Coastal boats are made for saltwater. Their body, their rigging systems all fit salty water. The boat will definitely withstand corrosion resulting from salty water and salty winds. Plus: Good to know: Your boat goes slightly faster than in fresh water. There is a correlation from boat speed and salt water
Really: Boat speed depends on the salt content of your water. Your speed at your fresh water lake might be different from the northern sea or even at the Dead Sea, east of Jerusalem. The salt content of the water will make the difference. The salt content will influence the density of the water.
Density is defined as mass per unit volume. If two objects are the same size, say a defined paper plate and a same size ceramic plate, we say that the ceramic plate is denser than the paper plate. The ceramic plate has the same volume, but much more mass.
What does it mean for your boat:
Boat speed and salt water: Opposite idea?
Off course there are always different opinions. There are some voices saying, boats go faster in fresh water because it is less dense. Less density means less friction while water displacement. Some boat users in blogging forums state, boats will go about 1-2% slower in saltwater because there is more resistance caused by salt particles. We cannot verify this theory. Maybe we will find an expert soon.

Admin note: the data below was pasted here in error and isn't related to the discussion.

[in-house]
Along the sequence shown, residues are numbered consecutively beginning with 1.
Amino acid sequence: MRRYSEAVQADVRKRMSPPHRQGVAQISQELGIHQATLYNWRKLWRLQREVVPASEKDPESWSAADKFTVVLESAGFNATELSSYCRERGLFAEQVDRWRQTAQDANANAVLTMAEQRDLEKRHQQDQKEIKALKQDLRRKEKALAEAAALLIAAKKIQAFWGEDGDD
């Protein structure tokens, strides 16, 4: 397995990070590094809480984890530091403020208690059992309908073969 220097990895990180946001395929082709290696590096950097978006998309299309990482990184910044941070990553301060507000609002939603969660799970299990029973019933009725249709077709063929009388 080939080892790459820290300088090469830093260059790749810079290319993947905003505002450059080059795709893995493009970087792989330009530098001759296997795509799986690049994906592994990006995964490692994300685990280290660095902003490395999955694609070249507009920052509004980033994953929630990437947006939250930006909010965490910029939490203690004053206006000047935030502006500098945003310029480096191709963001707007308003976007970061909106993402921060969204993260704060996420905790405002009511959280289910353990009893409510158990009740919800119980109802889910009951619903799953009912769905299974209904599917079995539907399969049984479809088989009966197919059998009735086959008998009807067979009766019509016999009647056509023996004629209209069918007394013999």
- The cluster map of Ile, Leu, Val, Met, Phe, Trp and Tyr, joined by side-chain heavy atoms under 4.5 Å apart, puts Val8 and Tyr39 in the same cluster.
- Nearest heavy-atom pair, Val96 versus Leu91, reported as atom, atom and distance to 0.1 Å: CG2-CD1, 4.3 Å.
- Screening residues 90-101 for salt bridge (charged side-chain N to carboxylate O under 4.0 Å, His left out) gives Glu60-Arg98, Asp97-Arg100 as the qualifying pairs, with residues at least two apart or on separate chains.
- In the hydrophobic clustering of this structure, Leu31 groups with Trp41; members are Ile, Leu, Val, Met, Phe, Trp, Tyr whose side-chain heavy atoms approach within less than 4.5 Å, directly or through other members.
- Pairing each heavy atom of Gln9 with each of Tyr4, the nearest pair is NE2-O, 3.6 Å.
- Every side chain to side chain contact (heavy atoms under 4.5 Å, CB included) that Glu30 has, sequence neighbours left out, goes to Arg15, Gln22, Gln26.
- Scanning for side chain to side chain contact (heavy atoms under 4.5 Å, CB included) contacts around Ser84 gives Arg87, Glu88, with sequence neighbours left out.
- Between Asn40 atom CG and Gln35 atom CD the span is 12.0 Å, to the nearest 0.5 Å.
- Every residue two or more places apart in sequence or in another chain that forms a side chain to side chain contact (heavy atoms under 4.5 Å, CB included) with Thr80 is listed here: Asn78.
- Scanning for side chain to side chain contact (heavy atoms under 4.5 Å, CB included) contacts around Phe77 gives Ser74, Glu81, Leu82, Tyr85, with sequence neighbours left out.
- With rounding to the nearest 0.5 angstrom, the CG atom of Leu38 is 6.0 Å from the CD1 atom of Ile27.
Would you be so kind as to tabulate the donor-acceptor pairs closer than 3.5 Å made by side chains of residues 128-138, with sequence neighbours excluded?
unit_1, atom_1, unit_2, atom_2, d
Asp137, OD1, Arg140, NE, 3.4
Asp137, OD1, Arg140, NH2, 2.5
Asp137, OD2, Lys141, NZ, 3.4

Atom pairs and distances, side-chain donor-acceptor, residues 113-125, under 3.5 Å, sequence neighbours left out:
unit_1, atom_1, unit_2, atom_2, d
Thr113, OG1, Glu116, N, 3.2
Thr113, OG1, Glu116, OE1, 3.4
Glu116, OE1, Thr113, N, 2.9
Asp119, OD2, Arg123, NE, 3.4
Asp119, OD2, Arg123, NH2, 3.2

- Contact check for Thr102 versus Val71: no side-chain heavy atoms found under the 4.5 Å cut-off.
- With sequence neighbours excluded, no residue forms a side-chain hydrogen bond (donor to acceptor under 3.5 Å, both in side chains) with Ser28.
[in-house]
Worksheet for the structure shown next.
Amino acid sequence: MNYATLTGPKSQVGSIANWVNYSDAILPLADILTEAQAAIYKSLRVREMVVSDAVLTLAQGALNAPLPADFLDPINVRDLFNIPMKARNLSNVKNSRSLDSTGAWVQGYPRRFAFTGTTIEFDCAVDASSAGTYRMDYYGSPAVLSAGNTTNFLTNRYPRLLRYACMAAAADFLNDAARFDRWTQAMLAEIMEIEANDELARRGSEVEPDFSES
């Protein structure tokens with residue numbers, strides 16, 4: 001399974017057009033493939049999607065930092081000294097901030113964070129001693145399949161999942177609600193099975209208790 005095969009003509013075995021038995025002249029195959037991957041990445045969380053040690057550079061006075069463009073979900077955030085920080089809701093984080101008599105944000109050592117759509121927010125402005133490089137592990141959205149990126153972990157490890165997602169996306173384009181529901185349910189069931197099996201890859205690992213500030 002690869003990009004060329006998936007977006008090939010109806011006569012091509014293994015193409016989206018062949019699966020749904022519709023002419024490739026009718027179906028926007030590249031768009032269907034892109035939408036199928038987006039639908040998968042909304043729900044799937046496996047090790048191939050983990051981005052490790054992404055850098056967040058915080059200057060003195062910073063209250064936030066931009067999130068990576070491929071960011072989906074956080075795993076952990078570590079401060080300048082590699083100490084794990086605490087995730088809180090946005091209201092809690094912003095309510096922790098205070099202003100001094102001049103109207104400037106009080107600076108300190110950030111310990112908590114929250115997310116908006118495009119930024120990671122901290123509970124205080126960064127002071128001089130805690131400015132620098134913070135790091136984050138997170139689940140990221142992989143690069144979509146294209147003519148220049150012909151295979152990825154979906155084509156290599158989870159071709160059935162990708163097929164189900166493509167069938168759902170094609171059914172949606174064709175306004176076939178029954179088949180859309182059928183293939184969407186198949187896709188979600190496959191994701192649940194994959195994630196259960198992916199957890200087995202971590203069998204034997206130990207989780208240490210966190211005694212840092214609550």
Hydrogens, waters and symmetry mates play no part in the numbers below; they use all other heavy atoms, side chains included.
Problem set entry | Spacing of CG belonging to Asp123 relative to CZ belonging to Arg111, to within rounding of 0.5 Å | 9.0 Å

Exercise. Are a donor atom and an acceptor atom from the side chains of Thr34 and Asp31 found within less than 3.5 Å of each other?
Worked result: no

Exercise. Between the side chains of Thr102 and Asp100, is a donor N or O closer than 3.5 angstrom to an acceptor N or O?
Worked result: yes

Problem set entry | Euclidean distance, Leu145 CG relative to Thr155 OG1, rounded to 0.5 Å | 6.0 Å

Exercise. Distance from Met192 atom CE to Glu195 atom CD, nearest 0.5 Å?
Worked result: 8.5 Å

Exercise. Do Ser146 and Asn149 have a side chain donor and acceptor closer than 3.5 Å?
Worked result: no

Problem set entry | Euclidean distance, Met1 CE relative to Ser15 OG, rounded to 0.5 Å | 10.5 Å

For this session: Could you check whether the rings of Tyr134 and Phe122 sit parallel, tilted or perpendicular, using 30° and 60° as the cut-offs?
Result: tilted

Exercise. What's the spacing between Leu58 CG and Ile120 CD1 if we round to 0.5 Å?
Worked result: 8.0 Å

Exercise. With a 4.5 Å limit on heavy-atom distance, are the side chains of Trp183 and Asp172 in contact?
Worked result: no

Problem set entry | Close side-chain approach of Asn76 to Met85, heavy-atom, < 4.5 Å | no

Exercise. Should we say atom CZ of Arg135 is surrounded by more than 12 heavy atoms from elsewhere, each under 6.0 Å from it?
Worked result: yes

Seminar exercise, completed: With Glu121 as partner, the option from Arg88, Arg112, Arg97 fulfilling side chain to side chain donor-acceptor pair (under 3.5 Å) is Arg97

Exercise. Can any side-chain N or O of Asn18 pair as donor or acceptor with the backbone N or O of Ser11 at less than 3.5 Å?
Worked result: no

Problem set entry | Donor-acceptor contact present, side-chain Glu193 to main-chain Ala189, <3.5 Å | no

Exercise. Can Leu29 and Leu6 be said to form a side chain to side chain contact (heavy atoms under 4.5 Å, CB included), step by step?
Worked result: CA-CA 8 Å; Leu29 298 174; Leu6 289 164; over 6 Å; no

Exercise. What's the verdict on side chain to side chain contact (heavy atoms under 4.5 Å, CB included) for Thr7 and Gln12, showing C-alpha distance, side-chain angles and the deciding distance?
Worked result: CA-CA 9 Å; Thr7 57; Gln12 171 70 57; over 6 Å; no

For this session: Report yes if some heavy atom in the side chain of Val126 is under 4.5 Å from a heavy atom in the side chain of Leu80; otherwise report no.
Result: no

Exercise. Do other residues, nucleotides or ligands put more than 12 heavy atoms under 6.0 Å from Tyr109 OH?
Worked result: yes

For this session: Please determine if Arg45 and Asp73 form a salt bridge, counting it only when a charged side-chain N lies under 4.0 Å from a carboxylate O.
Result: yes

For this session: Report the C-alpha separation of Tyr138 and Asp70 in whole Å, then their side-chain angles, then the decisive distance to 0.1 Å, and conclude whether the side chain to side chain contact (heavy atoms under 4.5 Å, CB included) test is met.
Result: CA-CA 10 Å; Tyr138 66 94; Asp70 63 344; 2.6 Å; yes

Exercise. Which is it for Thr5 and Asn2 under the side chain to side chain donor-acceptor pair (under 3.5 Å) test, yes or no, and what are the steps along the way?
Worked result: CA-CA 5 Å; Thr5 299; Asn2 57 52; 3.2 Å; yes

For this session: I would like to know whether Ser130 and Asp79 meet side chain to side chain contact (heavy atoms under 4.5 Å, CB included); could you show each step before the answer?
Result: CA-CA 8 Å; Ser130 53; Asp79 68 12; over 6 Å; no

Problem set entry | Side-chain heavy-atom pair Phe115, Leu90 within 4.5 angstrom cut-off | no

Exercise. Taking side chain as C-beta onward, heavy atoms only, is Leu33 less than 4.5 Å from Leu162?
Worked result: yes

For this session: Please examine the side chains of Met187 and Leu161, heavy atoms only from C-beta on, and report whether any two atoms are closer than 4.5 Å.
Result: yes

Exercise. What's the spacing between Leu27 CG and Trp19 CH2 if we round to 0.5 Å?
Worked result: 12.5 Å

Purchasing a lighter, carbon boat?
Another speed relating factor: Water temperature: Colder water has a higher density than warmer water and will allow watercraft to float higher on the waterline. Warmer water is less dense, and therefore your boat will tend to sink a little lower. This can slow down the boat. The higher a boat is on the waterline, the faster they are going to travel. Variations in salinity also cause the freezing point of seawater to be somewhat lower than that of freshwater. If saltwater is colder, it can have a higher density than cold freshwater.